Let’s talk about what a project slate is, how writers can build a slate of projects, and why it a must-have.
What Is A Project Slate?
When a script production comes upon a script that they really like, they want to take a look at the writer’s other projects as well. The Screenplay Awards Network holds screenwriter contests and refines scripts to send them to distributors. And whenever they find a great screenplay outline, they ask the writers to show some of their other projects. This shows their talent in different storylines. Most of the time, writers send stuff that is completely outside of the genre good script that they submitted.
The first thing that producers ask the writer of a good script is, “What else have you got?” They want to know more about what the writer is working on. The writer’s portfolio shows their identity as a writer. This is why they must produce screenplay story structures that are similar to create their identity.
Create An Identity As A Writer
Creating an identity as a writer is good marketing. If a store sells running shoes, then it will have running shores at the storefront. People will recognize that this particular store sells running shoes. They will conclude that the owner’s brand sells running shoes. Similarly, if a writer focuses on a particular genre, producers will recognize it as their brand. They will expect works relating to that genre when they approach them. If a store aims to settle as a key-cutting shop, but also sells dog grooming stuff and bongs, etc., then people will see it as a makeshift kind of store which is not exactly professional.
Writers, who have a strong sense of their identity and have the samples to prove it, do much better in the industry than writers who have things in different genre spaces. Everyone in the industry benefits from being type-cast, whether they are novice actors or distributors.
Most distributors that writers will work with until they get their screenplay story structure produced will have their own identity. So, some distributors may only work with indie-horrors while some may focus on romantic comedies alone. They deal with a certain type of genre because they have built a base of people that they know will buy the genre. Once writers find their niche, they will learn how to sell their scripts.
Why Is It Important?
Project slates are important for writers because when a distributor finds their project, they will approach the writer and tell them which producer is looking for a script similar to their work. And then, since they were impressed by this project, they will want to see your other works to see if anything else fits the bill. And if the writer doesn’t have anything else, they will just be selling themselves short.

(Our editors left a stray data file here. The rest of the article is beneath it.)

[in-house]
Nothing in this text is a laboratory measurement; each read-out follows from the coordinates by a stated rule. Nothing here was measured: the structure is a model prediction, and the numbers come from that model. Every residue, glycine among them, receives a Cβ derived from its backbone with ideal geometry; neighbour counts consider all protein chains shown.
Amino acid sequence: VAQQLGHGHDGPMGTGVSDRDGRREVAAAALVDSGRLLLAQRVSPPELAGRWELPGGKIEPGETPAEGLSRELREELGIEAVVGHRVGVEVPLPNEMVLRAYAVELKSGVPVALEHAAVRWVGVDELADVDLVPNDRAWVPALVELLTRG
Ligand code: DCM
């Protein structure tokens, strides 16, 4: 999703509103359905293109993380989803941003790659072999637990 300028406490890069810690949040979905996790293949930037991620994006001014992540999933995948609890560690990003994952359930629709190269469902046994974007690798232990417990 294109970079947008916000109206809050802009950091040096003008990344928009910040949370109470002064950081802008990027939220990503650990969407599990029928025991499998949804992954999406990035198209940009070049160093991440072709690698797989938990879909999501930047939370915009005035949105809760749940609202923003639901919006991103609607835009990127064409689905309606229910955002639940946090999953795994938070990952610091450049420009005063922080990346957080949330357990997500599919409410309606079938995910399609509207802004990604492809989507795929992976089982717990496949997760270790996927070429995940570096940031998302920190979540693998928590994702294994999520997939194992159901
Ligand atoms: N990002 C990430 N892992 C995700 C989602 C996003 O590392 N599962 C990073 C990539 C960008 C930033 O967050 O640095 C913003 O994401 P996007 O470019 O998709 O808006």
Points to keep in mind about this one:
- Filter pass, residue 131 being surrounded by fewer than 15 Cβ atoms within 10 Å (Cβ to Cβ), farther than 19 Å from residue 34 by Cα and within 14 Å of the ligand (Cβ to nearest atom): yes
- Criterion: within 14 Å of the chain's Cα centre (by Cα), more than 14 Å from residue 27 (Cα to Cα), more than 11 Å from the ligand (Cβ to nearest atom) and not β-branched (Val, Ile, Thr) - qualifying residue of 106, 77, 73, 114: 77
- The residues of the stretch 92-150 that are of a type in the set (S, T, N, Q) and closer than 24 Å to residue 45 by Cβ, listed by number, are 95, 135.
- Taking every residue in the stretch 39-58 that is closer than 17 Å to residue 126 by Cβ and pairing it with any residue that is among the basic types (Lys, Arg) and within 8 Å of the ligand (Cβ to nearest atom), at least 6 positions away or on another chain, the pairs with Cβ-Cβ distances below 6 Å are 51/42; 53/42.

If the writer can focus their identity as a screenwriter and narrow down what that they do very well, they will be more successful. For example, a winner from one of SAN’s screenwriter contests has a really good script. He also has a slate of projects that are all thematically similar in the same genre. This tells the producers that the writer has identified what he does very well and does it well consistently. It also allows them to provide the writer with more opportunities as they can match which distributor he will fit really well with.
When you go to a store to buy shoes, you will want to try on other pairs of shoes in different colors if you like the design. It’s just human nature. The same thing goes when writers are building up their slate and want to have other shoes that fit. Having other things that are similar is just good business.
Some writers just write whatever inspires them at the moment with which there is nothing wrong. However, there is a difference between a writer who writes for the sake of writing and one who writes for a market. Writers need to meet a demand and the way to do that is to create products that have an identity.
Slate Building For New Writers
So, how can writers who are just starting out create their identity? New writers should focus on their next script and be strategic about it. What will they do next that will build on their current screenplay outline? Can they make something that will be better than their first script?
Writers should always be trying to improve their writing and the quality of their scripts. So, the second script should be better than the first, third better than the second, fourth better than third, etc. Once they reach their fifth or sixth script, it will all start clicking together. They will understand character development together, and before they know it, they will be writing the best work of their life. The sixth script will bring awareness to their talent.
Now, when a producer enjoys their script and wants to see more of their work, they can show their previous scripts that are similar. This will show the producer that this writer has an identity. This slate will give new writers a much stronger position than if they have scripts that go in different directions.
The Bottom Line
Writer’s work will start selling when they develop a brand for themselves. A company starts selling the best scarves in town and eventually makes it their identity. The next thing you know, they are making suits, and then later, they are expanding into different areas. To grow in a business, it is important to nail down the identity that you have. Writers have to build a slate and once they get over that hump and become a produced writer, they can branch out into different genres.
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